Bascule bridge

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Bascule bridge
MovableBridge draw.gif
This animation shows the movement of a double-leaf bascule.
Ancestor Drawbridge, Plate girder bridge, cantilever bridge
Related Lift bridge, swing bridge
CarriesPedestrian, bicycle, automobile, truck, light rail, heavy rail
Span rangeShort
Design effortMedium
Falsework requiredSite and prefabrication specific

A bascule bridge (also referred to as a drawbridge or a lifting bridge) is a moveable bridge with a counterweight that continuously balances a span, or leaf, throughout its upward swing to provide clearance for boat traffic. It may be single- or double-leafed.


The name comes from the French term for balance scale, which employs the same principle. Bascule bridges are the most common type of movable span because they open quickly and require relatively little energy to operate, while providing the possibility for unlimited vertical clearance for marine traffic.


Bascule bridges have been in use since ancient times. However, it was not until the adoption of steam power in the 1850s that very long, heavy spans could be moved quickly enough for practical application.


Animation of a double-leaf Strauss fixed-trunnion bridge (based on engineering drawings from the Henry Ford Bridge) Ford Bridge Schematic open-close.gif
Animation of a double-leaf Strauss fixed-trunnion bridge (based on engineering drawings from the Henry Ford Bridge)

There are three types of bascule bridge designs, [1] and counterweights required to balance a bascule's span may be located either above or below the bridge deck.

The fixed-trunnion (sometimes a "Chicago" bascule) rotates around a large axle that raises the span(s). The Chicago bascule name derives from the location where it is widely used, and is a refinement by Joseph Strauss of the fixed-trunnion. [2]

Animation of a rolling lift bridge (such as the Pegasus Bridge) MovableBridge roll.gif
Animation of a rolling lift bridge (such as the Pegasus Bridge)

The rolling lift trunnion (sometimes a "Scherzer" rolling lift), raises the span by rolling on a track resembling a rocking chair base. The "Scherzer" rolling lift is a refinement patented in 1893 by the American engineer William Donald Scherzer. [3]

The rarer Rall type combines rolling lift with longitudinal motion on trunnions when opening. [4] It was patented (1901) by Theodor Rall. [2] [4] [5] One of the few surviving examples is the Broadway Bridge (1913), in Portland, Oregon. [4] [6]


See also

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Burnside Bridge bridge in Portland, Oregon, USA

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Moveable bridge bridge that moves to allow passage, usually of watercraft

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North Avenue Bridge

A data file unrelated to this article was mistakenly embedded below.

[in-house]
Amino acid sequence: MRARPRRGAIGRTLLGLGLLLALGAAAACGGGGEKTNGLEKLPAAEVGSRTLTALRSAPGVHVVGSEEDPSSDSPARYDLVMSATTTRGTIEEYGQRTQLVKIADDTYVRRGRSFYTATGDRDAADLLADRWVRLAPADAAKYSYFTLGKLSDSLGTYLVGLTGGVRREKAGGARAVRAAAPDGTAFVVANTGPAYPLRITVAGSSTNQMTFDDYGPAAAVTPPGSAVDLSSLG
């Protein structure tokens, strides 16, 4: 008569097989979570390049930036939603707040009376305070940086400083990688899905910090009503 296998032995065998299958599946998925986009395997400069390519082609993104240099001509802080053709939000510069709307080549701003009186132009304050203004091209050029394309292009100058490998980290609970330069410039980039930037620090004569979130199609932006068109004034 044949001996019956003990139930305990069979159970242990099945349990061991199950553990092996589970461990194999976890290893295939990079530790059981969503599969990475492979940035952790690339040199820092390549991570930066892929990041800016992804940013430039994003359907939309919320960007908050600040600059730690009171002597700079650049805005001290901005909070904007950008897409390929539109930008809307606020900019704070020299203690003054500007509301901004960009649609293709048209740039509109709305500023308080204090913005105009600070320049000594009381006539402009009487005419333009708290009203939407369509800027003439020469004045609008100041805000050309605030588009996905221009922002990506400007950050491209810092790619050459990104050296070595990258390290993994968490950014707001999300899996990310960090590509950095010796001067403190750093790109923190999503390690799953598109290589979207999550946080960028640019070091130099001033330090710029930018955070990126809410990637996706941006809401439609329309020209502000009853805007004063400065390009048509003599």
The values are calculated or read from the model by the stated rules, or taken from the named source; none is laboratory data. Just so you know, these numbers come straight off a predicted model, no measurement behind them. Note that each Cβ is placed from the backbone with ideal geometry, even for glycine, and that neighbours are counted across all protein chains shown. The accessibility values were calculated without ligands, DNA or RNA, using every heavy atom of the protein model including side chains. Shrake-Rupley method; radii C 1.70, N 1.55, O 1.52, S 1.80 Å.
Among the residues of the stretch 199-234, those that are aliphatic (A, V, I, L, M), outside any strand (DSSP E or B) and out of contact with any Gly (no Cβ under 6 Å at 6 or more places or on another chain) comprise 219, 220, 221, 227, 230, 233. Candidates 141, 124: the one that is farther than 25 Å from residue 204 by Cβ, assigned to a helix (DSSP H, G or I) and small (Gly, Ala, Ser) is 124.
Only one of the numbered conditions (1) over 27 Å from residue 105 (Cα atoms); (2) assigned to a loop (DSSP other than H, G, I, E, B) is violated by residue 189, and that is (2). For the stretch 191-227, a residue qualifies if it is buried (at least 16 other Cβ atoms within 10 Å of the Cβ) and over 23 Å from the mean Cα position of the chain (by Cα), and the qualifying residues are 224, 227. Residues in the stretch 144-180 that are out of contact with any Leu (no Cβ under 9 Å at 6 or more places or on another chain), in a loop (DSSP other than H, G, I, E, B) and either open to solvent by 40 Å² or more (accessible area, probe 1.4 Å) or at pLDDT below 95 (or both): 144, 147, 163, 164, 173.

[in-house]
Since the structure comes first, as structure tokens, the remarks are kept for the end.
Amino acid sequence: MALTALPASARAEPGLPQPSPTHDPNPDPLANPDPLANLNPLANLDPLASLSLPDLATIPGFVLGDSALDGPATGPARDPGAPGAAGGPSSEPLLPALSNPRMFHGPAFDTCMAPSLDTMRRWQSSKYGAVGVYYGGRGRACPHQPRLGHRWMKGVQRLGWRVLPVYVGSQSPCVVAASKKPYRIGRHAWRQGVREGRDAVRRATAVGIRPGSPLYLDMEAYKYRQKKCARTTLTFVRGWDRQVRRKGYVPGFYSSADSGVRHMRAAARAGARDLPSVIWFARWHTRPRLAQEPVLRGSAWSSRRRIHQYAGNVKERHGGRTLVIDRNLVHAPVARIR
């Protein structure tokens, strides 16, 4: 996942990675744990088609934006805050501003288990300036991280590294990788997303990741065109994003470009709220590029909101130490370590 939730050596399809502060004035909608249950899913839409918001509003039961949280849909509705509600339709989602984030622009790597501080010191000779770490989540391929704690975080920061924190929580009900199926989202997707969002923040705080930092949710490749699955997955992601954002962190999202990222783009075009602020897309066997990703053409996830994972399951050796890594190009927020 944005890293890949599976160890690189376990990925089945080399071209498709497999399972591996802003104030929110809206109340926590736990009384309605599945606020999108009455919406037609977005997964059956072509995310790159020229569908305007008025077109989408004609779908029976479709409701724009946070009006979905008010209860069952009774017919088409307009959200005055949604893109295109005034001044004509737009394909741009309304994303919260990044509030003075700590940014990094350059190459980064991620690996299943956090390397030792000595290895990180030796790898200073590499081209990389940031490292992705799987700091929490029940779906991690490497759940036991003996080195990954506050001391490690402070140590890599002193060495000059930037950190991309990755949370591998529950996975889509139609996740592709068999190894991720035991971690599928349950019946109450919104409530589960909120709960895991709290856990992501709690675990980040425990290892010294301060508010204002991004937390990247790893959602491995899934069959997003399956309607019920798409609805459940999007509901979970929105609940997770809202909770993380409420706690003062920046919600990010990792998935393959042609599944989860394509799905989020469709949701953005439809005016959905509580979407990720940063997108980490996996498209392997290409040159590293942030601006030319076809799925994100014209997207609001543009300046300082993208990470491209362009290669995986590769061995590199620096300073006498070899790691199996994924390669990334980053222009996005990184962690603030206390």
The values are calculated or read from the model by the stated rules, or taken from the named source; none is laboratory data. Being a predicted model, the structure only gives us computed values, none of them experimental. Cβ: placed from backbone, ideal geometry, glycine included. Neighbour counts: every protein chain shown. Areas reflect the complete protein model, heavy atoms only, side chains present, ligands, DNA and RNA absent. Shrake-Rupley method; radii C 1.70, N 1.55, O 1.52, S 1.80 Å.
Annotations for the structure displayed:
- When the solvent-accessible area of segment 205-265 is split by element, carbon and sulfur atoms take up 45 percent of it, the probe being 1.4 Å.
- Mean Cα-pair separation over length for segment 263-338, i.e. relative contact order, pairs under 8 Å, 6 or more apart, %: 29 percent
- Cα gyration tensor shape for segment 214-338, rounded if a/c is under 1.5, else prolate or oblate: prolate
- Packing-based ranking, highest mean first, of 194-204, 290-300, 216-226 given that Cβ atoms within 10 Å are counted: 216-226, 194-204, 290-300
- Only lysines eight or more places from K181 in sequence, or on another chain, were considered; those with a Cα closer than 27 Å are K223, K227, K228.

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Glimmer Glass Bridge bridge in United States of America

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Cortland Street Drawbridge

The Cortland Street Drawbridge over the Chicago River is the original Chicago-style fixed-trunnion bascule bridge, designed by John Ericson and Edward Wilmann. When it opened in 1902, on Chicago's north side, it was the first such bridge built in the United States. The bridge was a major advance in American movable bridge engineering, and was the prototype for over 50 additional bridges in Chicago alone. The bridge was designated as an ASCE Civil Engineering Landmark in 1981, and a Chicago Landmark in 1991.

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Grand Street Bridge (Connecticut) bridge in United States of America

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William Donald Scherzer American engineer

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A double-beam drawbridge, seesaw or folding bridge is a movable bridge. It opens by rotation about a horizontal axis parallel to the water. Historically, the double-beam drawbridge has emerged from the drawbridge. Unlike a drawbridge, a double-beam drawbridge has counterweights, so that opening requires much less energy.


  1. Koglin, Terry L. (2003). "4. Bascule Bridges". Movable bridge engineering. John Wiley and Sons. ISBN   978-0-471-41960-0 . Retrieved May 25, 2009.
  2. 1 2 "Landmark Designation Report: Historic Chicago Bridges" (PDF). Commission on Chicago Landmarks. September 2007 [September 2006]. pp. 12, 15 (pdf pages 14, 17). Retrieved April 21, 2013.
  3. USgrant 511713,Scherzer, William,"Lift-Bridge",issued 26 December 1893
  4. 1 2 3 Wood Wortman, Sharon; Wortman, Ed (2006). The Portland Bridge Book (3rd Edition). Urban Adventure Press. pp. 32, 35. ISBN   0-9787365-1-6.
  5. "Patent number 669348: T. Rall movable bridge". United States Patent and Trademark Office (referenced online by Google Patents). 1901. Retrieved April 21, 2013.
  6. Historic American Engineering Record. "Broadway Bridge, Spanning Willamette River at Broadway Street [sic], Portland, Multnomah County, OR". Library of Congress . Retrieved April 21, 2013.